Alacero – Santiago, Chile, May 15, 2014. Last Tuesday in Bogotá (Colombia), during the semiannual meeting of Alacero´s Board of Directors, presided by Martin Berardi, participants analyzed the current situation of the steel value chain and defined action lines to strengthen the promotion of the industrialization process and to ensure fair trade conditions in the region.
Latin America: difficult times today and lights in the medium-run Alacero informed the Board of Directors about the regional economy and its impact on the steel industry. While in 2011 the regional GDP had grown 4%, in 2013 it expanded just 2.2%. Even when 2013 was a difficult year for several Latin American economies, a first outlook for 2014 displays a slightly higher growth rate of 2.3%. Prospects are more encouraging for 2015, when regional growth should consolidate, favored by the recovery of the central economies.
Industrial production, a more crucial indicator of the rhythm of industrialization, grew just 0.5% in 2013. This figure that shows the virtual stagnation of the activity turns even more dramatic as it follows a previous drop of -0.3% in 2012. Expectations for 2014 are more positive as industrial production should grow 1.9%. However, these are still insufficient to be considered signs of a real return of the region to the path of industrialization.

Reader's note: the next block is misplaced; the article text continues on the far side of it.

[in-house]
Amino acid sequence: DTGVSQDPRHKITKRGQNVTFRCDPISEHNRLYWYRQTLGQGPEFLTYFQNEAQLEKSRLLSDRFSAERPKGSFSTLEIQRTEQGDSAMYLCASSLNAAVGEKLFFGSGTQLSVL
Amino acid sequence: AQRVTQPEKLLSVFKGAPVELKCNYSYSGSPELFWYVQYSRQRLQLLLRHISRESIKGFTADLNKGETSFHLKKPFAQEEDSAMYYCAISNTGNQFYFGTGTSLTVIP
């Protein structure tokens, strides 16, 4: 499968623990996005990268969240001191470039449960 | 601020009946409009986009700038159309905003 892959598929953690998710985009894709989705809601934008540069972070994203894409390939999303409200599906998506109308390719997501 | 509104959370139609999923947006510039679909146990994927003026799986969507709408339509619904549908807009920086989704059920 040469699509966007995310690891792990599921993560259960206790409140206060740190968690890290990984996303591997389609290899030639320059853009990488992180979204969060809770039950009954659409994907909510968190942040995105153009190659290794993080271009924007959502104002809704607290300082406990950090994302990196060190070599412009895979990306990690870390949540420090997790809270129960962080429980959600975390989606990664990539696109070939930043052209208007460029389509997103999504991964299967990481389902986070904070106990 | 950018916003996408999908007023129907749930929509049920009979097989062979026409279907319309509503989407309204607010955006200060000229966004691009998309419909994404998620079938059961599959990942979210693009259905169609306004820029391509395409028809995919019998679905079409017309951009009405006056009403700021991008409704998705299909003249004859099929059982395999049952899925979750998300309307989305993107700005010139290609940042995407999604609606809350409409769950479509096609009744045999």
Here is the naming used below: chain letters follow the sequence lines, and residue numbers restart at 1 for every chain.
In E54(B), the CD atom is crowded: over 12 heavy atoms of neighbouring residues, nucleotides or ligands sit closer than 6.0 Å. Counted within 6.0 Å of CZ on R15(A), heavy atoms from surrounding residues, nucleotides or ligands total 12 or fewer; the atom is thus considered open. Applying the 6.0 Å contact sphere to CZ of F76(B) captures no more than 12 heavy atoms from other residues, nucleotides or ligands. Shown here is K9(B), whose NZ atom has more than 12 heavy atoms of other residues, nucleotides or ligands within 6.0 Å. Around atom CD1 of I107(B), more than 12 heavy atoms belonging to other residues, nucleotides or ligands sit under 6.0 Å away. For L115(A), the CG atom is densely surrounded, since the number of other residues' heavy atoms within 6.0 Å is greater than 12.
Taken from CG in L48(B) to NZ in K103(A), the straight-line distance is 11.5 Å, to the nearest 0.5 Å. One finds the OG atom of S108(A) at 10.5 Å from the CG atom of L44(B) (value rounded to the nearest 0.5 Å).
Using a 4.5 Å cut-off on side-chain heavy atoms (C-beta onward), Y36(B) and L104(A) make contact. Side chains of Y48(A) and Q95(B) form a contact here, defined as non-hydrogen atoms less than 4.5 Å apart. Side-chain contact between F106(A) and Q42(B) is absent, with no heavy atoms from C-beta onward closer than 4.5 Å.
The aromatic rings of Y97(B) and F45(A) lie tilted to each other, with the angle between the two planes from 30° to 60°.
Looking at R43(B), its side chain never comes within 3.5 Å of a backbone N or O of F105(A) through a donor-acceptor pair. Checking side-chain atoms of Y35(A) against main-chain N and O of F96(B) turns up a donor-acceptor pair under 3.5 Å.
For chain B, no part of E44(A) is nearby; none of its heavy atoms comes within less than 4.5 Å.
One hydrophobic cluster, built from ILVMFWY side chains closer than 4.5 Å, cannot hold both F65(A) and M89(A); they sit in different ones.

Scenarios for the next 2 years differ from country to country. In some cases, they are less conducive and marked by inflation and possible stagflation, commodities´ prices deterioration, fiscal restraint and reduction of private investment. In other cases, they look more encouraging and include infrastructure investments and the recovery of the steel demanding sectors.
In line with the GDP and the industry, the main steel demanding sectors showed moderate expansion in 2013. Construction (47% of the regional steel consumption) grew just 1.4%. Automotive expanded 7.1%. Metallic products dropped -1.8%. In 2014 and 2015, these scenarios will improve because of the expansion of metallic goods production and some growth in automotive and construction.
Following the previous indicators, in 2013 apparent steel use was not able to grow vs 2012 and showed dissimilar results by country. Brasil grew 4.8%; Argentina, 2.8%; Mexico dropped -8%; Chile, -11.9% and Venezuela, -5.3%. Colombia expanded its steel use just 1.1% and Peru, 7%. However, the current year looks better, with a growth rate of 4.5% that would continue to increase by 3.1% in 2015.
Ensure fair trade in Latin America